In June, U.S. Secretary of the Army Thomas White wrote Congressman Smith to assure him that military brass in Korea "in no way encourage, support or condone any aspect of prostitution or human trafficking." Colonel Sam Taylor, a spokesman at the main U.S. installation in Seoul, says the military is aware of the worldwide problem of human trafficking. "If presented with evidence of illegal activity, we'll start the process in motion to make those establishments off-limits."
But the reality is the bars are utterly dependent on their American patrons. Of the 41 major U.S. military camps in Korea, the 12 biggest are served by nearby "camptowns," where bar owners licensed by the Korean government sell tax-free alcohol to G.I.s. (Korean civilians are not allowed in the bars.) Some 2 million customers visited the camptowns in 2000, the last year for which figures are available, according to Korea's Culture and Tourism Ministry. Troops at all the military installations in Korea are briefed on the consequences of engaging in illegal activities, including the one-year jail term that paying for sex can bring under U.S. military law. There are no briefings on the issue of trafficking, Taylor says: "It is probably something we will start to brief them on."
But last week there was little indication that much had changed downrange. Young men with crew cuts still loiter in bars, fondling Filipina and Russian women, or paying for lap dances. And at least some of the bars still offer "VIP services." The bar owners deny that their dancers are tricked or forced into prostitution. Hyun Ju, Club Y's manager, is emphatic that "no woman has ever been mistreated at this club." She claims that "the owner treats the girls like family. He even takes the girls on holiday to the swimming pool." Kim Kyong Soo, president of the Korean Special Tourism Industry Association, which represents bar owners serving U.S. soldiers across Korea, says his members complain that the U.S. military allows Filipinas into Camp Casey to have sex with soldiers. "That's where the prostitution begins," he insists. "If we put a stop to that, it would be much easier for the entertainers to do their job." ("That activity should not be taking place. It is certainly something we are going to ask questions about," says military spokesman Taylor.)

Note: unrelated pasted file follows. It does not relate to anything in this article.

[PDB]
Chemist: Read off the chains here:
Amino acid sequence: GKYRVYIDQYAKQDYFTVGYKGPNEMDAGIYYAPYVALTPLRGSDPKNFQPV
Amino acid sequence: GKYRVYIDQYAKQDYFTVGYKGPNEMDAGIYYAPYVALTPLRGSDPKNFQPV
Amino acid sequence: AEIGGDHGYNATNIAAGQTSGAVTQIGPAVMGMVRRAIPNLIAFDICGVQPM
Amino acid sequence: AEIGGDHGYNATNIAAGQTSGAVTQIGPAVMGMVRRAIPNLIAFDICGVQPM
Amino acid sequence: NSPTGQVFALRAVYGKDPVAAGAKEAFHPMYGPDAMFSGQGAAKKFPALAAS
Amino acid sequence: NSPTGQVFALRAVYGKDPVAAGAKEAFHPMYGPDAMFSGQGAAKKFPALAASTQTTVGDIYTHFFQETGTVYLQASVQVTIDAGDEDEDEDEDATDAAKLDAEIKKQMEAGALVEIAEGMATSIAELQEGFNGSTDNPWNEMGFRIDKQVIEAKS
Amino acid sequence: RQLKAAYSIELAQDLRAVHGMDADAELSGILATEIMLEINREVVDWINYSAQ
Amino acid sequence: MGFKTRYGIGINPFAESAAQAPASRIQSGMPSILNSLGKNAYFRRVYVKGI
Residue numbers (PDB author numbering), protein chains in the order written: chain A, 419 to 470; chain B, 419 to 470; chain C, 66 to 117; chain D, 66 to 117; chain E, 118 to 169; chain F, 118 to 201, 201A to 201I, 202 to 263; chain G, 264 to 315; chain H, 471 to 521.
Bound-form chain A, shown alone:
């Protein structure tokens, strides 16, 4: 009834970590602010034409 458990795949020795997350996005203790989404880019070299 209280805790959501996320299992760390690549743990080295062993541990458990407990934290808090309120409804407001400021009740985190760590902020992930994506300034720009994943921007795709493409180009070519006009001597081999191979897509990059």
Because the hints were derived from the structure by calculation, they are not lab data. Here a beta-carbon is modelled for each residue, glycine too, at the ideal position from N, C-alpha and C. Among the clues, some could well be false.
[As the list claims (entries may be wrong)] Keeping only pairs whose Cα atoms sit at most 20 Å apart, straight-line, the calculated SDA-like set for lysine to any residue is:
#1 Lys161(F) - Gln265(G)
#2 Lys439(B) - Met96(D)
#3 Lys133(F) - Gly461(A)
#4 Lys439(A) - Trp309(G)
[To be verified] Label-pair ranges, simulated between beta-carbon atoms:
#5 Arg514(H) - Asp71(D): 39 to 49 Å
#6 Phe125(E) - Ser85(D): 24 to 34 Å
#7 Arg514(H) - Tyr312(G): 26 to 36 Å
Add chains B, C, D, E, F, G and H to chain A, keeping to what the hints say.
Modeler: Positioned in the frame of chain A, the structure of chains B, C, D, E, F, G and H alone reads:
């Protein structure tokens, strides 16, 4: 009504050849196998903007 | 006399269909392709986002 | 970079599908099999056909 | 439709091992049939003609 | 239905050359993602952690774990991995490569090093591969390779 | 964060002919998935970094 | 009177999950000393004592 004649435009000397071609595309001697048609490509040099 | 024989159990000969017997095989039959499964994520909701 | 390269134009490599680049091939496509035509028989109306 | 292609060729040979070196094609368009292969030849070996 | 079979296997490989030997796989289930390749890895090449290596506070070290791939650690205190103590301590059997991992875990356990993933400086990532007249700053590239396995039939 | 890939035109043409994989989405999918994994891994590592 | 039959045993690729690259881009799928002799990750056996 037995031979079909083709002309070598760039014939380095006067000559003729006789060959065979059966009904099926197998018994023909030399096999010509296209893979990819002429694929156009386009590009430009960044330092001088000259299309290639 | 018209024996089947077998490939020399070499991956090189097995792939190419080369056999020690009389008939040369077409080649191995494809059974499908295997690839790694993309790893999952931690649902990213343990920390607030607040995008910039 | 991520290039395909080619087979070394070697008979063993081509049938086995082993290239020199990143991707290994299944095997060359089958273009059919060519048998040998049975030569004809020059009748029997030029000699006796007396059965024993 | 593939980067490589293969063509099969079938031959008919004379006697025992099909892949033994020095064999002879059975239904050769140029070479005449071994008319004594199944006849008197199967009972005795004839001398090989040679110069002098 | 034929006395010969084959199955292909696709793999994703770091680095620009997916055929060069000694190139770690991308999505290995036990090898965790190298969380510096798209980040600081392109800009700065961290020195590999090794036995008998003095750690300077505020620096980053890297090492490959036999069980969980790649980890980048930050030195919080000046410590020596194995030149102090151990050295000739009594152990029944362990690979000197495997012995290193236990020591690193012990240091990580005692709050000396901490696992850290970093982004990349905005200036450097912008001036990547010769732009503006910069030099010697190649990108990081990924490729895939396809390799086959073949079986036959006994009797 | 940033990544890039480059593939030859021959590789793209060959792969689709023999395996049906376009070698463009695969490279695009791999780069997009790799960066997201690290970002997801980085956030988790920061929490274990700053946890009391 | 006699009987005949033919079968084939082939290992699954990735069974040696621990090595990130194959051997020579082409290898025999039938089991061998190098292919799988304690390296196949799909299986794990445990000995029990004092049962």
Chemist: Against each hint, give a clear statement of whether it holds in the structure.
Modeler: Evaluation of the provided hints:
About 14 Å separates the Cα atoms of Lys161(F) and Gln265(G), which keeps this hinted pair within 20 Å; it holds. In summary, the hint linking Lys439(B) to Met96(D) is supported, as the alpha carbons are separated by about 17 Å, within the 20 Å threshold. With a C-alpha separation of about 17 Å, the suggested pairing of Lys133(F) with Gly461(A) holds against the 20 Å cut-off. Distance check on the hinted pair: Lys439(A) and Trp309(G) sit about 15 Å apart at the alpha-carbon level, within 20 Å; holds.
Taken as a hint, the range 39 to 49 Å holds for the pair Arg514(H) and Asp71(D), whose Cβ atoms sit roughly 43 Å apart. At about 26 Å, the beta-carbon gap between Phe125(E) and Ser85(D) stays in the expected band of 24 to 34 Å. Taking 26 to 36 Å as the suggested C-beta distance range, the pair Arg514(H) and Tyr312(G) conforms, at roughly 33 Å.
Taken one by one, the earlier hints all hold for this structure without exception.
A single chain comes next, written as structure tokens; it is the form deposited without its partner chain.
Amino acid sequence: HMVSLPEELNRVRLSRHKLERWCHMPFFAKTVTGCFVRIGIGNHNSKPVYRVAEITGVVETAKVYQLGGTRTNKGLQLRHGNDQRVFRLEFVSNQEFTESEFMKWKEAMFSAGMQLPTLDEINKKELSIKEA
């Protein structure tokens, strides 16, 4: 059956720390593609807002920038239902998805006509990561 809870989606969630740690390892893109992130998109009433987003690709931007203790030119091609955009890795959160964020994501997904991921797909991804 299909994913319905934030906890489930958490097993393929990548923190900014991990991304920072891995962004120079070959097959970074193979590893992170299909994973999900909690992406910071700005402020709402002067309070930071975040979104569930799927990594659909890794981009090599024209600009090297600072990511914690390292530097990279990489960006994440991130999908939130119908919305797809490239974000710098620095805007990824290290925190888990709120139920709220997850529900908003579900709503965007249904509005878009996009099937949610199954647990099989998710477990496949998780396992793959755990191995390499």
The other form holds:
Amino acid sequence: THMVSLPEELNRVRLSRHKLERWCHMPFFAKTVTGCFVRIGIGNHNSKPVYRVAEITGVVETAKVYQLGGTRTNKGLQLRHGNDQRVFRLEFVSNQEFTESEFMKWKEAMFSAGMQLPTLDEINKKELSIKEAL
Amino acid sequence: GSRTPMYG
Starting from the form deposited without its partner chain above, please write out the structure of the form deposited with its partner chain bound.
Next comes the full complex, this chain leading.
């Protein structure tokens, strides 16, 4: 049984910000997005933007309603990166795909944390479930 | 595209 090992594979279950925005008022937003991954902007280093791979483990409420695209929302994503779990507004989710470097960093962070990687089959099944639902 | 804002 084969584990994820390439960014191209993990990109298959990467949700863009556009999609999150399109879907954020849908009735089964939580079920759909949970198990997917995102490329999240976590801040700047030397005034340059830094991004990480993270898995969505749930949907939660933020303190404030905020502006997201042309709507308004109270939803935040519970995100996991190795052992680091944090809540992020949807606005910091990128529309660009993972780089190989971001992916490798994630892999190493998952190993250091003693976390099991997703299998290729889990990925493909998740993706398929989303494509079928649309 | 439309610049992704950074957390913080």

Kim, who owns the Palace Club on the Tongduchon strip, has himself been accused of trafficking in women. In Aug. 1999, police issued an arrest warrant for him on suspicion he brought more than 1,000 Filipina and Russian women into Korea to work as bar girls around U.S. military bases. Kim says he followed legal procedures. A judge cancelled the warrant for lack of evidence and closed the case.
Kim was working in the area in the early 1960s, when bar owners near the base were granted government approval to form the Tongduchon Special Tourism Industry Association. That gave them the right to buy and sell alcohol tax free to U.S. soldiers and other foreigners. At a time when Korea was still dirt-poor, this was a vital source of foreign exchange�and a way to keep G.I.s from troubling Korean women not involved in the sex industry. Until the early 1990s, the women working downrange were almost all Korean. But in the mid-'90s, with the economy booming, Korean bar girls became too expensive. So, Kim claims, he negotiated with the Korean government to bring in Filipina and Russian women on special entertainment visas. Contacted by TIME, an immigration official said he had never heard of such an agreement.
The supervision of the camptown bar owners association is the responsibility of the Culture and Tourism Ministry. But Choi Byung Goo, a ministry director, says he does not know if there is any prostitution in the camptowns. "The bars are tourist restaurants for foreigners," he says. "There is no way we can know how they operate their businesses." If he had gone to Tongduchon last week, he might have heard about the four Filipinas who say they escaped from one of the clubs, where they were forced to dance naked and got a day off only if they sold an impossibly high number of drinks a month. The women told their stories to a researcher at RMIT University in Melbourne, who is conducting an undercover investigation into conditions in Tongduchon. Despite Choi's protestations of ignorance, the researcher says the government is aware of the trafficking: "They would have to know. The anti-prostitution and trafficking NGOs have all been lobbying them on this issue."